Safer, smarter, and more efficient

From your weather app to your pacemaker, computing science is keeping you bug-free.

Katie Willis - 16 October 2017

Computing scientist Karim Ali is developing new ways to debug software--without even executing it. The process is called static analysis and has applications ranging from your cell phone to spacecraft and everything in between.

"Static analysis is a way of reasoning about the behaviour of programs and applications without actually running them," explained Ali, a research associate-turned assistant professor in the Department of Computing Science. "So, before a new program hits the market, we can learn about and improve it as much as possible."

Consider using an app on your cell phone. In order to find all possible features, paths, and commands on your own, you would need to tap each element in every possible combination. Static analysis allows researchers to determine these outcomes safely and securely without ever opening the application.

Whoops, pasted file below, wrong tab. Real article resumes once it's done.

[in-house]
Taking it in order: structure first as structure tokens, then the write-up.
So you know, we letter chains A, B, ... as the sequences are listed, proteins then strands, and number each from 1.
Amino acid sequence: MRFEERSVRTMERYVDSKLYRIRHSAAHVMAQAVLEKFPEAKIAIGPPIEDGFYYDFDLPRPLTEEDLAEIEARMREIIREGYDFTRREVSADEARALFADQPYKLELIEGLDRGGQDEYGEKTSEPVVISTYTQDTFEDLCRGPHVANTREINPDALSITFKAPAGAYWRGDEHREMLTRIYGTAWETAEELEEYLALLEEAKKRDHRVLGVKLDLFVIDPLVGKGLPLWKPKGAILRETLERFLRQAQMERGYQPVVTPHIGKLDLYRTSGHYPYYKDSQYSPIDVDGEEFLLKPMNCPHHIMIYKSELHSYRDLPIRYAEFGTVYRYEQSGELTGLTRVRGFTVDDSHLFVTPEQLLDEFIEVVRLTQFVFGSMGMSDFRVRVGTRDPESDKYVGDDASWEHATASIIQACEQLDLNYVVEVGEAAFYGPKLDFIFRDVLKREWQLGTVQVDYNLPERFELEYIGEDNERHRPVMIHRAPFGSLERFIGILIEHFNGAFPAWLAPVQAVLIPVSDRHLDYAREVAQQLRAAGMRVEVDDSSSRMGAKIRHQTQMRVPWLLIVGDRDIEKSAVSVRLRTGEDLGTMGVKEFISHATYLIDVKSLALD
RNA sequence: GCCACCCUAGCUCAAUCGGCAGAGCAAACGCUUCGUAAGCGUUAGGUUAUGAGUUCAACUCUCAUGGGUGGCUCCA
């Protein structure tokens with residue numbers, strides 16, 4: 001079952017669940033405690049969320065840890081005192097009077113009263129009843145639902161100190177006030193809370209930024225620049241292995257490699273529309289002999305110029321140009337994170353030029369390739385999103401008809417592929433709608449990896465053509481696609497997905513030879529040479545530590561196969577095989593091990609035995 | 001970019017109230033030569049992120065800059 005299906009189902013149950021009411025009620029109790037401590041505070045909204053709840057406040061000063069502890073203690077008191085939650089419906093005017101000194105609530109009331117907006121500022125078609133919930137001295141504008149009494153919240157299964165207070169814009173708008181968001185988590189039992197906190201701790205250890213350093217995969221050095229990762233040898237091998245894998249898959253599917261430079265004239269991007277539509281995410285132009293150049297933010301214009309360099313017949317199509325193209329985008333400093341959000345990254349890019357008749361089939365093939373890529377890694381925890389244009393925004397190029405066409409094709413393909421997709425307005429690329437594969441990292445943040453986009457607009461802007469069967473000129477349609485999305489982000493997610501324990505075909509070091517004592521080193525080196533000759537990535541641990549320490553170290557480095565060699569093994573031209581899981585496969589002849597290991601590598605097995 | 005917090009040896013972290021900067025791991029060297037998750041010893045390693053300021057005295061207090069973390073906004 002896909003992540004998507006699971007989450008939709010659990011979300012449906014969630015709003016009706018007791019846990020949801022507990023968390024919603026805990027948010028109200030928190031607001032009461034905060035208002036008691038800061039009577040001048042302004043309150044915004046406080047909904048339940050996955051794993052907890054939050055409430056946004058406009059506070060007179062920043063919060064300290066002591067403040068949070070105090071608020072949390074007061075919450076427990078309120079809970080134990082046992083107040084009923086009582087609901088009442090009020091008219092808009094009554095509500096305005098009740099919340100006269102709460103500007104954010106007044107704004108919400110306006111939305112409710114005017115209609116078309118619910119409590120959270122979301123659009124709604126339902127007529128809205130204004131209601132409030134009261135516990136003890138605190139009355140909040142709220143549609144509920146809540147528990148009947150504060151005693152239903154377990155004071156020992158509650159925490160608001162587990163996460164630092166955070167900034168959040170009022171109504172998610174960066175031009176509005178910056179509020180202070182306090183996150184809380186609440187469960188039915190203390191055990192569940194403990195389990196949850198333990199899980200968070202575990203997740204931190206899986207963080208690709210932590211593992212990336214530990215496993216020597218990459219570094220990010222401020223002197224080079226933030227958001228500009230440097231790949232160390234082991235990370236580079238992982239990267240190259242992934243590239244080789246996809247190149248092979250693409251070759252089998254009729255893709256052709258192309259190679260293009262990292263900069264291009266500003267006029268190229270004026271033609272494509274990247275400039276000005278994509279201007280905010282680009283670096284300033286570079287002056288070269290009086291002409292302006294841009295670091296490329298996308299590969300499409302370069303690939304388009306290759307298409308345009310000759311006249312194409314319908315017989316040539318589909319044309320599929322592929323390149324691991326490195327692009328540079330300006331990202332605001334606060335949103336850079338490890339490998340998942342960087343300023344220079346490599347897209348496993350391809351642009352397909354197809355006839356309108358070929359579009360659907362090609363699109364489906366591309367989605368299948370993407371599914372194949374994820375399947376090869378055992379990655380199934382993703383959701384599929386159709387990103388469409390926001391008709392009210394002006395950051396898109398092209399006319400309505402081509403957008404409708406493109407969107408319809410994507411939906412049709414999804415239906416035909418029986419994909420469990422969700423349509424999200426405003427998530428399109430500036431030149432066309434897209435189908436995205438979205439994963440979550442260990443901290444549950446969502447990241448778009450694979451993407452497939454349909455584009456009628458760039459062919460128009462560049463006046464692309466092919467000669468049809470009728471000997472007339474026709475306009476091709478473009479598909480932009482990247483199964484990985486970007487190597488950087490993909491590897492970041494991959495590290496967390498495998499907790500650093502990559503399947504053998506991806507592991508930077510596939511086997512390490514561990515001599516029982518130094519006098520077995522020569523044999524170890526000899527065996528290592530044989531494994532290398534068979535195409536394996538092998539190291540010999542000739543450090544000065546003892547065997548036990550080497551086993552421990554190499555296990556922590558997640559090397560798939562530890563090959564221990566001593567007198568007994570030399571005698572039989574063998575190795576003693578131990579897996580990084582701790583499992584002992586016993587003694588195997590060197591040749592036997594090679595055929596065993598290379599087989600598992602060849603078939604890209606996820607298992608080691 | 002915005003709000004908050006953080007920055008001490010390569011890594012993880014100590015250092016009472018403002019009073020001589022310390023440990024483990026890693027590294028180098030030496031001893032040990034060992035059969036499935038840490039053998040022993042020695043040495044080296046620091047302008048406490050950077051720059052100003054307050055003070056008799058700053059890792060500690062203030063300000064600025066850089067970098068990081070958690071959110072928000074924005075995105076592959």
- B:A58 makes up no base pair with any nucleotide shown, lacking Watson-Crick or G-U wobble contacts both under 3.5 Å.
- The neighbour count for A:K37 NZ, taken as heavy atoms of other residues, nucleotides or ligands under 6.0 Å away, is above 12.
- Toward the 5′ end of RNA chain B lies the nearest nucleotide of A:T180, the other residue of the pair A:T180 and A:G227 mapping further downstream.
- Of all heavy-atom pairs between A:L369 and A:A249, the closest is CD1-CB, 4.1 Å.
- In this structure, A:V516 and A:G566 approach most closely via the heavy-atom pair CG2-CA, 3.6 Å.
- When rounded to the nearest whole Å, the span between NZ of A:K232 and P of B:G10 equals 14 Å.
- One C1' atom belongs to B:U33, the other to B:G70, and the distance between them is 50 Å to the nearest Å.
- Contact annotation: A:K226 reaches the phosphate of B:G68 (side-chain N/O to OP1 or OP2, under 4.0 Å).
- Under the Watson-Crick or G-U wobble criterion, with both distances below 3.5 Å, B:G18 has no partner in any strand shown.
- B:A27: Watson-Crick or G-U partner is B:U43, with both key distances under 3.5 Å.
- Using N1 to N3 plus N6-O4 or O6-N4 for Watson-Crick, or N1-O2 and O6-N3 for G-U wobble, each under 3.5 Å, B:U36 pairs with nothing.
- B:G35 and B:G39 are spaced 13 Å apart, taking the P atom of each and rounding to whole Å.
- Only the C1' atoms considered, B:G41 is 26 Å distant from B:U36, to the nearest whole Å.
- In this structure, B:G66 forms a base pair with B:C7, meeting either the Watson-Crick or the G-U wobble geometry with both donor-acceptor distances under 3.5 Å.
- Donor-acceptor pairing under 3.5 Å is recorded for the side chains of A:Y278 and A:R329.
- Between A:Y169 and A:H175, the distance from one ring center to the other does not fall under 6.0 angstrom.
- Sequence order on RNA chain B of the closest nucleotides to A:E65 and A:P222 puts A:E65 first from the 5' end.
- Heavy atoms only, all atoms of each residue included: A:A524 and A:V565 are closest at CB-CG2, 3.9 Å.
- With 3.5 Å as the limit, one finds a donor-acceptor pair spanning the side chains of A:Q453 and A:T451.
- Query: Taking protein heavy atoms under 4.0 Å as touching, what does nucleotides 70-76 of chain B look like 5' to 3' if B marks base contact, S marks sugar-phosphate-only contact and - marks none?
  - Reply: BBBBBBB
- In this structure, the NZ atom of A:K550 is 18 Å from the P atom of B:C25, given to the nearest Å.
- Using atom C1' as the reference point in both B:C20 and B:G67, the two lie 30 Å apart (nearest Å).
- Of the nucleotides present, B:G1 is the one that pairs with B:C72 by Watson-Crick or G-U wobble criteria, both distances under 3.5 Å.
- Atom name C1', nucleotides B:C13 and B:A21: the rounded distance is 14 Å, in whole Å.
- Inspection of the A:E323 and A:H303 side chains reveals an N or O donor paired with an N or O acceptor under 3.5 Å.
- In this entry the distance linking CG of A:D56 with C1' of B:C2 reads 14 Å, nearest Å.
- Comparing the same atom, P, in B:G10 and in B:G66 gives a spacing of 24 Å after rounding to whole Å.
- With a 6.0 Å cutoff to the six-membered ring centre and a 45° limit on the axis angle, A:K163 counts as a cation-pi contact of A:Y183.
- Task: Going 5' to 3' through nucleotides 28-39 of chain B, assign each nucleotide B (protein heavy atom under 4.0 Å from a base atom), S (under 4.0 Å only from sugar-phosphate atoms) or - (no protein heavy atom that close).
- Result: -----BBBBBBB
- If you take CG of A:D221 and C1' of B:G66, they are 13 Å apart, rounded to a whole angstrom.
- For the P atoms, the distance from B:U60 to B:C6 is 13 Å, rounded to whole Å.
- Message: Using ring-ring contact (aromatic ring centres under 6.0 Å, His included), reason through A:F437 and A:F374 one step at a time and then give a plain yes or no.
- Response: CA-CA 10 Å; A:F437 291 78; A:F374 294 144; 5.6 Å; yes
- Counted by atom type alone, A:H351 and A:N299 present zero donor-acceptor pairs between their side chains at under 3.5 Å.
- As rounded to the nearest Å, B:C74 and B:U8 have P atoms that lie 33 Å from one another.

Major implications

Now consider something bigger. Perhaps you are in the aviation industry and you need to verify that the program that will be deployed on a space shuttle conforms to certain standards. You don't have the luxury of deploying this program for a trial run in outer space and seeing what happens. "That's where static analysis comes in," said Ali. "The same thing applies in vehicles and medical implants, like pacemakers or insulin pumps."

The cost of software debugging over a five-year period from 2008 to 2013 was 1.6 trillion USD worldwide. That hefty price tag would have included damages due to failure in software debugging, recalls, and the time that developers spent fixing software bugs. For instance, the 2009-11 Toyota recall for anti-lock braking software and faulty accelerator pads resulted in the recall of millions of vehicles and the deaths of up to 20 people. This bug also cost Toyota approximately $3 billion in damages.

Serious savings

"Static analysis allows us to avoid many of these costs in the first place, because we can detect bugs in the software before it is deployed, saving potentially billions of dollars--and lives," explained Ali.

Another element of Ali's research involves making static analysis easier for developers to use, developers in tech giants such as Google and Apple. "Making static analysis more usable for industry is the first step in encouraging wider adoption," he explained. It also makes our devices and our world safer and more efficient from the start--one application at a time.